Ramil is not showing additional symptoms, the zoo said, but because he shares an enclosure with a female snow leopard and two Amur leopards, the staff assumes they have been exposed. As a result, the animals were quarantined and their exhibit was closed.
It's unclear how Ramil got infected.
In January, a troop of eight gorillas at the zoo's sister facility, San Diego Zoo Safari Park, contracted COVID-19 from a keeper who had the virus but showed no symptoms.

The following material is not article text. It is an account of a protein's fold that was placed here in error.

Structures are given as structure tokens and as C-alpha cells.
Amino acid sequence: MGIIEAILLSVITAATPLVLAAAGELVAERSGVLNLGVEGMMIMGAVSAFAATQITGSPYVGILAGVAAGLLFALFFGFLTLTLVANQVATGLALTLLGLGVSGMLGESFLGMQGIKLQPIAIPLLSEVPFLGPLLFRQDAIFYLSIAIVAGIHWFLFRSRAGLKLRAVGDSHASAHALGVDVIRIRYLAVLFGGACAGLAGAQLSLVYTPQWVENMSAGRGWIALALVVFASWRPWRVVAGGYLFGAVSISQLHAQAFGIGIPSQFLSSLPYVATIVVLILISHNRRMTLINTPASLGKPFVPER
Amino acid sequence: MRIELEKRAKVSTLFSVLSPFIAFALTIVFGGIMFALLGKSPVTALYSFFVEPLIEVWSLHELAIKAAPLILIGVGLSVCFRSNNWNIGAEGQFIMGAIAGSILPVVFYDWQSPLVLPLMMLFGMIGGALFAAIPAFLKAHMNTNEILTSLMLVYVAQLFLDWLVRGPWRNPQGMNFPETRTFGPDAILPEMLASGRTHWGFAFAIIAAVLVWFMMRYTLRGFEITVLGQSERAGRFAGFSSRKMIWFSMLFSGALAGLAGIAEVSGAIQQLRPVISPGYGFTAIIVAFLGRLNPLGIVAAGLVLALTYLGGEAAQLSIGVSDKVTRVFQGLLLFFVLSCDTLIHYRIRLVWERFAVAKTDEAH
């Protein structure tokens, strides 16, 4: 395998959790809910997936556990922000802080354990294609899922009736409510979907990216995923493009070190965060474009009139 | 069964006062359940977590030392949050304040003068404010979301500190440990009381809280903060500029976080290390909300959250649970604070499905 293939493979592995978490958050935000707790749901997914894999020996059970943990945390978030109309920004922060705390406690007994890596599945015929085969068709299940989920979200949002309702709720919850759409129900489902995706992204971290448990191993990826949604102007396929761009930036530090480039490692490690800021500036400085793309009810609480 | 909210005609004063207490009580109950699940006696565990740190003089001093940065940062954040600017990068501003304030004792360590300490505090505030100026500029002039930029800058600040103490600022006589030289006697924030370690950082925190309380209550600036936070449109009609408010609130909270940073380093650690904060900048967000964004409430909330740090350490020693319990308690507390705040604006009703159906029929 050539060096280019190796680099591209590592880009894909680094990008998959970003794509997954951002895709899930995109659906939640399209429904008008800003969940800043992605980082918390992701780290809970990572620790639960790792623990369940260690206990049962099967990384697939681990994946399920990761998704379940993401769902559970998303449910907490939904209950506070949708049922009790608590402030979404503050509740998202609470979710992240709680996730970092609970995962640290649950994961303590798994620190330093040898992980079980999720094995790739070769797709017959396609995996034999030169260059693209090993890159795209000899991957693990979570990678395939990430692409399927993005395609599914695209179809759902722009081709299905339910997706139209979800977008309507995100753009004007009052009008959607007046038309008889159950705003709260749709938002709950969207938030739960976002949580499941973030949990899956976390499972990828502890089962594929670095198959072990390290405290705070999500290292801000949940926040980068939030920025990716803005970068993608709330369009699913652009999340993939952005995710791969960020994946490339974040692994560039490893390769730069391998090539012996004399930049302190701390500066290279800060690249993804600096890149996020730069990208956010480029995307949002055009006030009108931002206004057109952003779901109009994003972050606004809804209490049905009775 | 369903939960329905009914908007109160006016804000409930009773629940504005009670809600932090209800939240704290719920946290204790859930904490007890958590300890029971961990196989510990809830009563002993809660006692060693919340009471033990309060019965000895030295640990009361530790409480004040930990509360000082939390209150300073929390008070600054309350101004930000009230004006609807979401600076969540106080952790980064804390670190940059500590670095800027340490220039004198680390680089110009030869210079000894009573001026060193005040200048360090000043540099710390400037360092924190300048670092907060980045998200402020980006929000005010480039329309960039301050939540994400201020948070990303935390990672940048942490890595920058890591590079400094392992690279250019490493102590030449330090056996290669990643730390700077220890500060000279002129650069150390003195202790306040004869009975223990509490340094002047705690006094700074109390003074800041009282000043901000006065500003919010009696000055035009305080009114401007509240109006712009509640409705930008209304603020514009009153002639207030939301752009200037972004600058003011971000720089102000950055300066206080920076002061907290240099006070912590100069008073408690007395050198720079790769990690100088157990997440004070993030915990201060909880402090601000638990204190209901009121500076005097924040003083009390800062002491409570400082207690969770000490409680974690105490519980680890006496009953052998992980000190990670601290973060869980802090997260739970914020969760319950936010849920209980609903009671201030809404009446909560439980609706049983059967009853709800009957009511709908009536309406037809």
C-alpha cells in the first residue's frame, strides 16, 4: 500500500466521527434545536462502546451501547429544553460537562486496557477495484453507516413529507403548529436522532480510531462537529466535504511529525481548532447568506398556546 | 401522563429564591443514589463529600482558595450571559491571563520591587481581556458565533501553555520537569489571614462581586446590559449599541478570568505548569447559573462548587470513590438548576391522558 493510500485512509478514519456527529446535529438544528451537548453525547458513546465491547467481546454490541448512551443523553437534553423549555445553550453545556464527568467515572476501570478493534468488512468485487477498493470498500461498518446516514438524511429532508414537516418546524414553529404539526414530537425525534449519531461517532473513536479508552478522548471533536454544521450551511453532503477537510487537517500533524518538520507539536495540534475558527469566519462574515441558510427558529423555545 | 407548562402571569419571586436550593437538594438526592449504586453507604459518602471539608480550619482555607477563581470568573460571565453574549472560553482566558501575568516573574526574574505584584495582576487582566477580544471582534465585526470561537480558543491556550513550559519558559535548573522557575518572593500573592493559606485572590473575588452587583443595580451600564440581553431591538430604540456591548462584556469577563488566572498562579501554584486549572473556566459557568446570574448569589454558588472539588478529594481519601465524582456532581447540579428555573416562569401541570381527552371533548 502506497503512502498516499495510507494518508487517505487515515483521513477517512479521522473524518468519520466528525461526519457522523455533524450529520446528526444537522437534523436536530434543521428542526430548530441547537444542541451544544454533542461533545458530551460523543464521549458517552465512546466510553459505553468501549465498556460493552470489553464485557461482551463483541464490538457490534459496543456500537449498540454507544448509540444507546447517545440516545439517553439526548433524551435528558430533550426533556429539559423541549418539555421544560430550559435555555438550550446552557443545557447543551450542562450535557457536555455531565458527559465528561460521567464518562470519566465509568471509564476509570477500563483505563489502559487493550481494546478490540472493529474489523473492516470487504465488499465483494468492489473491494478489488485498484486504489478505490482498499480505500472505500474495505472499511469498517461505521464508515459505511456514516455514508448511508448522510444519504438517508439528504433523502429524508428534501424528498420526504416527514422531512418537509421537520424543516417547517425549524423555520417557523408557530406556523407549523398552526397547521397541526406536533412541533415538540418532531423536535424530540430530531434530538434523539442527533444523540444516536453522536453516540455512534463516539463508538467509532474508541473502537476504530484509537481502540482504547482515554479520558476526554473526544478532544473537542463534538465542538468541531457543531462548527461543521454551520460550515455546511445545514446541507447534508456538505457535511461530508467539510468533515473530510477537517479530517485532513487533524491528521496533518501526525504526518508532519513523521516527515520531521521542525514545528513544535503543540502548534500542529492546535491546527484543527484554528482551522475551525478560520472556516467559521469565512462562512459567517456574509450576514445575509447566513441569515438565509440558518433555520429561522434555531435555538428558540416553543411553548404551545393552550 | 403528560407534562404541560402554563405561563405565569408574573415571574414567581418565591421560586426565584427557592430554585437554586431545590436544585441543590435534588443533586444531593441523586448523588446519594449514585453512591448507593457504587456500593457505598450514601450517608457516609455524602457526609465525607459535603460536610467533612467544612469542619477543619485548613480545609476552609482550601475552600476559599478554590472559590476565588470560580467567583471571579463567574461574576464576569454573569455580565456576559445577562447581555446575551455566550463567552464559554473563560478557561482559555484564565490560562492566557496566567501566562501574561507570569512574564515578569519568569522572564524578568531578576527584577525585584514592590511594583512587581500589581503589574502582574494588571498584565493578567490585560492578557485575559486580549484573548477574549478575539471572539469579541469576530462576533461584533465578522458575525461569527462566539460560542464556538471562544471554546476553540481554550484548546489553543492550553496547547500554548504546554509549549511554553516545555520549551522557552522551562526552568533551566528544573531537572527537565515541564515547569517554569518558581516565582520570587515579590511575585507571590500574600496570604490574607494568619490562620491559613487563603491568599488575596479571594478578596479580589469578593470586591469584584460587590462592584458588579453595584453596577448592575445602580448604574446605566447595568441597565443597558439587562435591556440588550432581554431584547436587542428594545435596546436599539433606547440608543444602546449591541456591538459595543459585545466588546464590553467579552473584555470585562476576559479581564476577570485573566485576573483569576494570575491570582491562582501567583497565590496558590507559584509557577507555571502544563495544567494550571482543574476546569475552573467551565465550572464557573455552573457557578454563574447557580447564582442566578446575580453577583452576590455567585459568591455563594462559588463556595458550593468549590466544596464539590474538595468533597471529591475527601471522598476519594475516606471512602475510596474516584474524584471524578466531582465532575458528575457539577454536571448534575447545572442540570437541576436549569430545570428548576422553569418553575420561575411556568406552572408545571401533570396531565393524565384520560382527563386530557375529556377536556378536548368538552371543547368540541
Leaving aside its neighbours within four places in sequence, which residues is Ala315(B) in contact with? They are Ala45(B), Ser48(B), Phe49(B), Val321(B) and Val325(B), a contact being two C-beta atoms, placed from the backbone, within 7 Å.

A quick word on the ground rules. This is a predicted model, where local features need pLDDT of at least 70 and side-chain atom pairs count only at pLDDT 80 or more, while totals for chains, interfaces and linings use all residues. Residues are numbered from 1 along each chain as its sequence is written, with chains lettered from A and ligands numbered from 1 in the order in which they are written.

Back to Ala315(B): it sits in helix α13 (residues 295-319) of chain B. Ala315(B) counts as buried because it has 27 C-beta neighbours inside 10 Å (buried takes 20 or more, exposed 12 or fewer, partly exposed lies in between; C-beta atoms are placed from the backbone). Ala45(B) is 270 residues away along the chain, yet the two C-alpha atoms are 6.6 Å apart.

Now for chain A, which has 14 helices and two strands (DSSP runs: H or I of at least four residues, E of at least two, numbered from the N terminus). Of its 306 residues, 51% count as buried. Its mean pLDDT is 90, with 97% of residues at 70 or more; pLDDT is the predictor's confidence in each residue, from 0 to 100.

The gorilla troop, which has since recovered, became the first known example of the virus infecting apes.
The case prompted the zoo to request an experimental COVID-19 vaccine for animals for emergency use. The vaccine from Zoetis, animal health company that was once part of Pfizer, was administered to species most at risk of contracting COVID-19, including several primates and big cats.
However, Ramil had not been vaccinated before his infection.
There is no vaccine mandate for the staff, but unvaccinated employees are required to wear masks at all times, the zoo said.
Unvaccinated snow leopard at San Diego Zoo catches COVID-19 (2021, July 25)
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Unvaccinated snow leopard at San Diego Zoo catches COVID-19